July 2010

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The mud babies.

Sarah Jane, our cook, with Brian, the River Buddha, and Brian the swamper.

Arlo, our fearless leader.

The author and his daughter.

Arlo pops the cork celebrating our journey through Cataract Canyon. Photo by David Lansing.

The next morning, we float silently to Clearwater Canyon. The crew unloads our bags off the J-Rig onto a muddy bank where a jet boat will pick us up and ferry us the last 20 miles to Lake Powell. The crew secures the oarboats to the J-Rig, Arlo pops open a bottle of champagne to celebrate the end of the journey, and, after some awkward goodbyes, the crew leaves us standing on the muddy shore feeling a bit forlorn.

With a pirate flag whipping near his head, Arlo pushes back the brim of his sombrero and blows kisses at us as the pontoon boat pulls away and heads back up river. On the far shore, a lone Great Blue heron stares hard at us, then gives a small shrill cry, lifts up off the bank, and follows the wake of the boat. Upriver. Away from civilization.

With all my heart, I want to go with that bird. With the crew.

An hour and fifteen minutes later, we are at Hite Marina where an air-conditioned mini-bus takes us from the river to a nearby airfield at the top of a butte. We fly low over the canyon and spot Arlo and crew heading back up the river. I watch them, my heart aching, until they disappear from sight.

Half an hour later, we are in Moab. The first thing I do is take a very long shower. But no matter how hard I scrub, I find it impossible to remove all traces of the red river soil staining my palms, my soles, and even my face. Afterwards, I go sit out by the hotel pool where Brian and the River Buddha, also freshly showered, are drinking gin and tonics.

I show the River Buddha my red palms.

“You can never wash away the river,” he says in his heavy German accent.

I believe with all my heart that the River Buddha is right.

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The majesty of the river

The author and his daughter after running Cataract Canyon. Photo by David Lansing.

This morning, over breakfast, Arlo broke down the day for us. “The river is low,” he said. “Which means the drops won’t be as big as they are in the spring. But it also means that some rocks and other things like trees that we usually don’t have to deal with could be a problem. So we’re going to run three or four miles of rapids and then we’re going to take a break and do some more scouting before we get to Mile Long Rapid.”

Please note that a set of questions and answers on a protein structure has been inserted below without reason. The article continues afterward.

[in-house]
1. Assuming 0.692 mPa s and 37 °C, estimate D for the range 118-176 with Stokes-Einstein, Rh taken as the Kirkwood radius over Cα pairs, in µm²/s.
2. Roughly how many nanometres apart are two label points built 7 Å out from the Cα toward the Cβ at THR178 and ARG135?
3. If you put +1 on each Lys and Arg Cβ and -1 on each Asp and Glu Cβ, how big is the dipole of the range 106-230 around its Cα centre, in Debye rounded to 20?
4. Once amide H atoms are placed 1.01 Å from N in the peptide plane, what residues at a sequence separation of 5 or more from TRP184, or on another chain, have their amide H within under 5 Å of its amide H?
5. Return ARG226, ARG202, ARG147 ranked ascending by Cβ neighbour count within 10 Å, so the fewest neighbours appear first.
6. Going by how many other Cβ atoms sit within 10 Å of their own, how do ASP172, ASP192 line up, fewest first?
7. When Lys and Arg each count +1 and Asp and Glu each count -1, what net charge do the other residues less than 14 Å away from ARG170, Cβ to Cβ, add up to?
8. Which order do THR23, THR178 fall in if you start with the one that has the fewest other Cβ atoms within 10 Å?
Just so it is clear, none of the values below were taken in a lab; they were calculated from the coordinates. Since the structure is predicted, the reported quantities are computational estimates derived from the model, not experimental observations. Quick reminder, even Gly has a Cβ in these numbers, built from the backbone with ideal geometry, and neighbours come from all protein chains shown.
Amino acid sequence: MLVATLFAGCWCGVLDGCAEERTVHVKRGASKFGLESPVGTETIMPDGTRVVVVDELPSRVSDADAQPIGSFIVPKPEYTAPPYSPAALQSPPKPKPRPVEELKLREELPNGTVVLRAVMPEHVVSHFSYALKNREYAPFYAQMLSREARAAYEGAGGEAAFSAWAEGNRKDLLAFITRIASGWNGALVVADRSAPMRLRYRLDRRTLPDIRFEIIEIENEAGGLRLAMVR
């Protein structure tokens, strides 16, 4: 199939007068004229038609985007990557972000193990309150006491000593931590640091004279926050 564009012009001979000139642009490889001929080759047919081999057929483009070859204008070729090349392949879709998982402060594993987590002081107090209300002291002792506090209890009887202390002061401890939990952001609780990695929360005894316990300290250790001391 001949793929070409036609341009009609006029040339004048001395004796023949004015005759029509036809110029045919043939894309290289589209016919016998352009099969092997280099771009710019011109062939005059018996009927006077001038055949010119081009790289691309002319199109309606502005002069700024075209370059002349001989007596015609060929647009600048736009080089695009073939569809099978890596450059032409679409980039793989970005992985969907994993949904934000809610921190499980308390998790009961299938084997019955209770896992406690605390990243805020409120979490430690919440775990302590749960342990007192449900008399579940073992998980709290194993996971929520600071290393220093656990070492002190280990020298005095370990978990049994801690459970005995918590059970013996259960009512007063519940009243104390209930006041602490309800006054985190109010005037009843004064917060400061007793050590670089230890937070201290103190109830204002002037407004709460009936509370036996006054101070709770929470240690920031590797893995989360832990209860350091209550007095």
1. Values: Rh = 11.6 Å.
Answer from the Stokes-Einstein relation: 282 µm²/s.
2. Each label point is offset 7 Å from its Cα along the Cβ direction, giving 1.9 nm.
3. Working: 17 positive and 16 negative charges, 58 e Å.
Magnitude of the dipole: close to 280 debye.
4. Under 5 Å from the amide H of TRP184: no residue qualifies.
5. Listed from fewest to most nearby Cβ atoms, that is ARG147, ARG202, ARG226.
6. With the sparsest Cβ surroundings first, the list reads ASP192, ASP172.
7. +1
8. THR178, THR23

Mile Long Rapid is the stretch where the Powell expedition got into real trouble. This is the stretch where, to keep the crew’s spirits up, Powell often recited poetry and, as we push off into the coffee-and-cream colored river, Arlo reads another poem by cowboy-poet Vaughn Short:

They say the river can’t be run.

The water’s down—It can’t be done.

But if anyone can shoot it through,

It’s old Seldom Seen and his macho crew.

So load on the Coors, lash it down!

Might as well be happy if we’re going to drown!

Roll up the bow line! Push out the boat!

With all this beer it may not float.

The boat jerks and dances as the river whirls us like children in the arms of a drunken uncle and no matter how good Arlo is—and he’s very good, threading the eye between two boulders only 12 or 15 feet apart, swinging wide, at the last moment, of a partially submerged tree trunk—no matter how good Arlo is, you feel like everything, really, is in the hands of the river. That she’s just toying with us. Not that she’s mean or vengeful. But powerful. The way ancient things can be powerful. Like the sea. And the mountains. Like Earth.

It makes me giddy, this ride down Cataract Canyon. I am not at all a religious man, yet it makes me feel somehow spiritual. Like I have submitted to a greater will.